Since we’re boiling the chicken, I’ll check the central cavity to see if there is a package of giblets. If yes, I put them in the slow cooker along with the chicken.

Boiling a Chicken
After I take the chicken out of its wrappings and wash it, I put it in a 7-quart All Clad slow cooker. If it has giblets, I unwrap them and put them in too.

You could also put the chicken in a stock pot. If I were you, I’d probably put two chickens in a stock pot. I use a slow cooker because I don’t have to watch it. In a stock pot on the stove, you have to pay a little more attention to make sure it is maintaining a slow simmer. But the advantage is you can make a larger quantity. I’m going to give you directions for what I do with one chicken in my slow cooker.

Chicken Stock
This is how I make stock from a whole young chicken.

I just put everything from the following ingredient list in, turn it on low, and cook it for 12 hours.

If I am using a young whole chicken, I remove the chicken after 6 hours so the meat does not overcook, let it cool until I can handle it, remove all the meat from the bones, cut it up and save it to make chicken soup, or put it in meal size portions and freeze it. You can use that meat in a million ways. Then I take the carcass and put it back in the crock pot and continue cooking for the remainder of the 12 hours.

Chicken Stock
1 whole young chicken or the carcass of a roast chicken
1 large carrot, scrubbed but not peeled
1 medium onion peeled and cut in half
1 large stalk of celery with leaves, cut in half
1 teaspoon peppercorns (I use the mixed colored ones. They have more flavor and are milder.)
3 whole cloves garlic, peeled
Handful of flat leaf Italian parsley
Handful of rosemary sprigs
Handful of thyme sprigs
Sage leaves, small handful
¼ cup Bragg’s apple cider vinegar
2 teaspoons salt
Enough boiling water to completely fill the slow cooker

You can put shallots, more herbs, and different herbs, like oregano, winter savory.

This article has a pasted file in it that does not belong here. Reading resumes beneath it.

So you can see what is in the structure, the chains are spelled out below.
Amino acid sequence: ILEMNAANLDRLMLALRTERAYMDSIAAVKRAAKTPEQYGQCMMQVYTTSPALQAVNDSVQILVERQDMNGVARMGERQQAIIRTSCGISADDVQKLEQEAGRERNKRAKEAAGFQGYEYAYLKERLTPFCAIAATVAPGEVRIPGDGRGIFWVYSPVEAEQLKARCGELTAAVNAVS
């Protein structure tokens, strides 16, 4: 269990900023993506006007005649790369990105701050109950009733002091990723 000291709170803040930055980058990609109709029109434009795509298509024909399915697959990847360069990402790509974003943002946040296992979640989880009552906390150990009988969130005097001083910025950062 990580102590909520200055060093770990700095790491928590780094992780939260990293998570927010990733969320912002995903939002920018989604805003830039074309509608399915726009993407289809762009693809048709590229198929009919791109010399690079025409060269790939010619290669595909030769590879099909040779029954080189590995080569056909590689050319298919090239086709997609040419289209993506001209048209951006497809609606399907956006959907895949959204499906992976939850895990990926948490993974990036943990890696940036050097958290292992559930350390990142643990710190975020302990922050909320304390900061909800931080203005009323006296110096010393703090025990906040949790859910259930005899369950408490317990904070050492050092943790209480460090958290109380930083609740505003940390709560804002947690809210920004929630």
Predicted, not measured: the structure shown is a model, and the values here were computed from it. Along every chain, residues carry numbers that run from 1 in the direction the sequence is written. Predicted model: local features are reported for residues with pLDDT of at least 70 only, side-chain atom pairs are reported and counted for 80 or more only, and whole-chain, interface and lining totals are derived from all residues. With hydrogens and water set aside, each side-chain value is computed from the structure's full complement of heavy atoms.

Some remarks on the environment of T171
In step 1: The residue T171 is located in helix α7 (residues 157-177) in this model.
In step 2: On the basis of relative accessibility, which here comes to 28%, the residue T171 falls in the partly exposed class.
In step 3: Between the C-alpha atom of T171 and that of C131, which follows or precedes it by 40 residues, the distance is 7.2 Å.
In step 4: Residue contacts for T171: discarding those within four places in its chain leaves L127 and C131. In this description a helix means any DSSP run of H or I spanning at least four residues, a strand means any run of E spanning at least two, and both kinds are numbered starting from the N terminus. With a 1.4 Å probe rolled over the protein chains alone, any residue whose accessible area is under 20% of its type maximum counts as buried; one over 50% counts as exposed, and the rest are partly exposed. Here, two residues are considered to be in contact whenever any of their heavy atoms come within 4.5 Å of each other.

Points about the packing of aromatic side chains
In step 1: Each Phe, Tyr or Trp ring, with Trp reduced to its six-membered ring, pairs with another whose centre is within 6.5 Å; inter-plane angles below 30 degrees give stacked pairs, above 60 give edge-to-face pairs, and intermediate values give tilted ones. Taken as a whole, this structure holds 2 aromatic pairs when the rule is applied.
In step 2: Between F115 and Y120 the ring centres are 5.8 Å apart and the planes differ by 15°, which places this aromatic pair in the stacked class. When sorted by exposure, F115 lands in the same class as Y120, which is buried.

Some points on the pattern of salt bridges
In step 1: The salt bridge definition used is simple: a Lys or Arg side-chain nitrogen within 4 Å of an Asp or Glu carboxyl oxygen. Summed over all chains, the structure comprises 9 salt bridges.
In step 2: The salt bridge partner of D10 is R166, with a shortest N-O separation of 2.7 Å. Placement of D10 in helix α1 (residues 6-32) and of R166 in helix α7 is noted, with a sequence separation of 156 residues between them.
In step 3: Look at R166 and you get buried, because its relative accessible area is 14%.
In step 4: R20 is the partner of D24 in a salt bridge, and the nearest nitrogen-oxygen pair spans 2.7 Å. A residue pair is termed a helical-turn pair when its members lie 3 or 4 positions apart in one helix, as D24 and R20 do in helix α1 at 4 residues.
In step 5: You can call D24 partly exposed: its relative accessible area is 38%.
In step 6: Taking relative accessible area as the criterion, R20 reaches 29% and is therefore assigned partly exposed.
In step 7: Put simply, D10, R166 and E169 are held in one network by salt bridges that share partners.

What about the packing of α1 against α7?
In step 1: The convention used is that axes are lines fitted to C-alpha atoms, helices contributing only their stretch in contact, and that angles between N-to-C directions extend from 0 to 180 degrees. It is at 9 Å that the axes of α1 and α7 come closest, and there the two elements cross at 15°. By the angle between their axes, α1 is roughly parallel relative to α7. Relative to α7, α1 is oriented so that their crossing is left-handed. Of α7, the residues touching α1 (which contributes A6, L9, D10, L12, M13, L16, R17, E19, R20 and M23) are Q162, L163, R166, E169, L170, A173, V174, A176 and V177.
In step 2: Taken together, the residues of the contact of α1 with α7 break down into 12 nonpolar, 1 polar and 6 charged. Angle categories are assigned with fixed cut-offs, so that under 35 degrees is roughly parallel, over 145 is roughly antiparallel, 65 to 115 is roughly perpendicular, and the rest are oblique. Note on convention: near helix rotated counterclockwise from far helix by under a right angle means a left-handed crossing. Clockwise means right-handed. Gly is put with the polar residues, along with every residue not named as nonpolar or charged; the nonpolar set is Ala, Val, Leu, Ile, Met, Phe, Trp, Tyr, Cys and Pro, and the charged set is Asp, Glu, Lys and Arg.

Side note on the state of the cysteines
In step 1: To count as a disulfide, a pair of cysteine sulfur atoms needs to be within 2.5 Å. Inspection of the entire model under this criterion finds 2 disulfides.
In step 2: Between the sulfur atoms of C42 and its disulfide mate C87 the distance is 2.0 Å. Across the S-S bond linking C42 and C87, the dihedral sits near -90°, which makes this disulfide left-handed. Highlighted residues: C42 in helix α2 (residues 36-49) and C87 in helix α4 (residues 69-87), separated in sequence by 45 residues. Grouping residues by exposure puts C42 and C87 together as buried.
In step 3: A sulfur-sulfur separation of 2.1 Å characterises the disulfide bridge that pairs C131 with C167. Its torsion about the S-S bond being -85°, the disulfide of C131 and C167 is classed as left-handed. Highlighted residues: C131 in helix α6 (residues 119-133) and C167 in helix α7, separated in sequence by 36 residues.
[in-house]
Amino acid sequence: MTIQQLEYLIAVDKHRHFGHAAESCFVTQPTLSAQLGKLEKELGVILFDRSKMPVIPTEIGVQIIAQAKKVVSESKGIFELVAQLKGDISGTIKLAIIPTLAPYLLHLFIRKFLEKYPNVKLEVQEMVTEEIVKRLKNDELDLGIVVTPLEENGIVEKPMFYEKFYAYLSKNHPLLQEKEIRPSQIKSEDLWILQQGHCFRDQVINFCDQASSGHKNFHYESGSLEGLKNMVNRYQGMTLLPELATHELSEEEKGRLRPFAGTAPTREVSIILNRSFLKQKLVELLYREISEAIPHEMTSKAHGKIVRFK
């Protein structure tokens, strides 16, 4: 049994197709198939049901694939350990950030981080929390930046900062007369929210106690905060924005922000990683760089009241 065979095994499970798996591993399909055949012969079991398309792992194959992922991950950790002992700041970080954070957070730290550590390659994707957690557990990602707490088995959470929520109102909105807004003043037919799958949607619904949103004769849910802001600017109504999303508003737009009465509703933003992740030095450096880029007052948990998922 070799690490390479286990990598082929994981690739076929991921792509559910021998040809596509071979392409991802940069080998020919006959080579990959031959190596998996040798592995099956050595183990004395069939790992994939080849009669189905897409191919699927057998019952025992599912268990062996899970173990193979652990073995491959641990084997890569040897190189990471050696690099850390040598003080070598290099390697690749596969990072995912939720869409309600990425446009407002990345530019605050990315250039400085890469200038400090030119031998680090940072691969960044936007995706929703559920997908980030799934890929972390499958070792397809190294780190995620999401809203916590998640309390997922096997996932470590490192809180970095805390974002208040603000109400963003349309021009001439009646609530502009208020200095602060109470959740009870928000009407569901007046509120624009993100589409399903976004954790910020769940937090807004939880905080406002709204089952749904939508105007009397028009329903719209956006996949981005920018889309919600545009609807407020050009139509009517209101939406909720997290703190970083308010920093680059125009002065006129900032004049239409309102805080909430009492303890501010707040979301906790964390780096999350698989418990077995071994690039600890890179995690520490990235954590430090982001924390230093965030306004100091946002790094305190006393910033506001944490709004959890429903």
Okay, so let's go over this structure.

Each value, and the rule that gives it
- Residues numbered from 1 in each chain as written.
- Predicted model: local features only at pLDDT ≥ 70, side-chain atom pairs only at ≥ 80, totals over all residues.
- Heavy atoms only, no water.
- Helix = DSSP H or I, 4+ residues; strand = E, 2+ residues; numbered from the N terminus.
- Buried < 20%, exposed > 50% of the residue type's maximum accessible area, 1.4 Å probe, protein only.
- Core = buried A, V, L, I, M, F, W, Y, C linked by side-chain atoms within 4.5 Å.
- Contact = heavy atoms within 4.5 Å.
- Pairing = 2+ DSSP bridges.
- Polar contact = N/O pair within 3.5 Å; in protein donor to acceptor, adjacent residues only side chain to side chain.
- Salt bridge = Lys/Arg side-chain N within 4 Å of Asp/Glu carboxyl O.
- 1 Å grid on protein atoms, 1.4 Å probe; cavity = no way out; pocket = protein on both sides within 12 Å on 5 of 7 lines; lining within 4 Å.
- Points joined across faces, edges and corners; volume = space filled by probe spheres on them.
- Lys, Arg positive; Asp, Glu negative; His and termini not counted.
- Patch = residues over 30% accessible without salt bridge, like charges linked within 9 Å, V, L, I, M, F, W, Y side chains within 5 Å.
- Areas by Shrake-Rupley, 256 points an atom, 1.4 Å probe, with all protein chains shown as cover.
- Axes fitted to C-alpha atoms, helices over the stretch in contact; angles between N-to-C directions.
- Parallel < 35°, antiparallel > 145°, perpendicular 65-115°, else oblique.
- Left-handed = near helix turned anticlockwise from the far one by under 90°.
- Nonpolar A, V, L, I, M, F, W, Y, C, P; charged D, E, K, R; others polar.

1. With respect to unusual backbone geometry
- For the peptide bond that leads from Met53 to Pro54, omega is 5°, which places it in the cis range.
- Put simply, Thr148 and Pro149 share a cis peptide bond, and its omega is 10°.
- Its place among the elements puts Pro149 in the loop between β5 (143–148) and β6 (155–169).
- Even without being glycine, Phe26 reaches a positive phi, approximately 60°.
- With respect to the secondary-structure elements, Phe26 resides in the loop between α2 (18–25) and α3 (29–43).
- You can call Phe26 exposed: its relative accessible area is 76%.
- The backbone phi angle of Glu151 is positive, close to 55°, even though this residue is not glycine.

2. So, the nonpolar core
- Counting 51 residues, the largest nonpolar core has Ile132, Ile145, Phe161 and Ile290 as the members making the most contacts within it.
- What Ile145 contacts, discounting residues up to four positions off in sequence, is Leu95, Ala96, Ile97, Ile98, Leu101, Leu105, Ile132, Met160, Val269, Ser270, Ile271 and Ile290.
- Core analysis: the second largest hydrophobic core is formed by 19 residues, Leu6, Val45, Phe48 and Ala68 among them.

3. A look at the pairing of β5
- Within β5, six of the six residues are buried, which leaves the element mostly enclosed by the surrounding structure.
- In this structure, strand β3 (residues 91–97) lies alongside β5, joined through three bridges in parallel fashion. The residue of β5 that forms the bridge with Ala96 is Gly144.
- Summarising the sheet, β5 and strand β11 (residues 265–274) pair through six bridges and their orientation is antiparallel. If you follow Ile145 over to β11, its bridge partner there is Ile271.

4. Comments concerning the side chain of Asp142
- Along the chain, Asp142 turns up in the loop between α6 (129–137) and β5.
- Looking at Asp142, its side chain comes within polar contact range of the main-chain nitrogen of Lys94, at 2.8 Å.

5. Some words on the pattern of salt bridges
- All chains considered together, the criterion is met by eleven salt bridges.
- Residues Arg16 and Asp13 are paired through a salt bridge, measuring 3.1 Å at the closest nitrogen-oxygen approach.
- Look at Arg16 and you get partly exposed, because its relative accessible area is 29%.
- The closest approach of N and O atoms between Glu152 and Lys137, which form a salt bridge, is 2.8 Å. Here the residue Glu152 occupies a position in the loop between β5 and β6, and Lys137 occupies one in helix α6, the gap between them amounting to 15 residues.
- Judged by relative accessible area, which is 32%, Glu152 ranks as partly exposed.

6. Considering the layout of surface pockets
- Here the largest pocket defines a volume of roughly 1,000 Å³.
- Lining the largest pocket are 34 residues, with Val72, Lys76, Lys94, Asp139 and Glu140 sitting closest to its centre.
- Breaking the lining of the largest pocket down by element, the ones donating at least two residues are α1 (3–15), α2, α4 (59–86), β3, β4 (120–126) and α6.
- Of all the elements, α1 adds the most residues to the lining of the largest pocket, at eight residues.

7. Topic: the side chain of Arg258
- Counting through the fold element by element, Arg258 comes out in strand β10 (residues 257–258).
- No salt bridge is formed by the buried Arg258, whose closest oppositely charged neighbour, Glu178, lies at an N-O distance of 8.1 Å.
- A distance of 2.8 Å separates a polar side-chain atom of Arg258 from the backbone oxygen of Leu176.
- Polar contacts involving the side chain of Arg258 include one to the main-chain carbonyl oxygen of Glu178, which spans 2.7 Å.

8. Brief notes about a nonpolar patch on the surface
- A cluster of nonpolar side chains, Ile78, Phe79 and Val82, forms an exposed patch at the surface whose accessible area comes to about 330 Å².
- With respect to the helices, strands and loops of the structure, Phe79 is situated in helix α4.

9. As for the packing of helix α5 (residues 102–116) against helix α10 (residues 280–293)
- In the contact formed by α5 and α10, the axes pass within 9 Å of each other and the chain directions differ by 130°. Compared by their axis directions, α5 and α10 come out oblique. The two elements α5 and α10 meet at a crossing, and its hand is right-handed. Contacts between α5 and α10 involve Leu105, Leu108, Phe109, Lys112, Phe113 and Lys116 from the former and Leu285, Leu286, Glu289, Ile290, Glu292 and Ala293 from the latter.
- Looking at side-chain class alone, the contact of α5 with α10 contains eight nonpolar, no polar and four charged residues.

Chicken Feet
If you can, find a farm or Asian market that will sell you chicken feet, which will make wonderful gelatin for your stock. You should cut the claw tips from the feet. Chicken feet should then be boiled first, separately in a saucepan pan for 10 minutes to clean them. Discard the water. Then add them to the stock.

Chicken Soup
I would usually make the stock one day, let it cool, strain it, discard the strained portion, ladle it into quart containers, label and date them and freeze it all except 2 quarts, which I will use the following day to make soup. The 2 quarts would go in the fridge until ready to start the soup. This lovely stock makes the soup pretty quick.

Chicken soup is a very flexible thing. I put all kinds of things in it, e.g. barley, pasta, vegetables, greens, herbs, fresh and/or dry. So this recipe is just one example.

Chicken Soup for 8
Chicken cut in bite-size pieces, white meat and dark meat
2 quarts chicken stock
3 medium-sized carrots, peeled and cut in coins on the diagonal
1 large sweet onion cut in ½” dice
3 stalks celery with leaves, cut in ½” dice
4 cloves garlic, minced
20 grinds of pepper melange
½ cup flat leaf Italian parsley
3 tablespoons dried herbs or ½ cup of fresh herbs, minced
2 teaspoons salt

Bring the stock to a boil, add everything but the chicken, return to the boil, turn it down to simmer. Simmer for 15 minutes. Add the chicken. Simmer for 5 more minutes. Soup is done.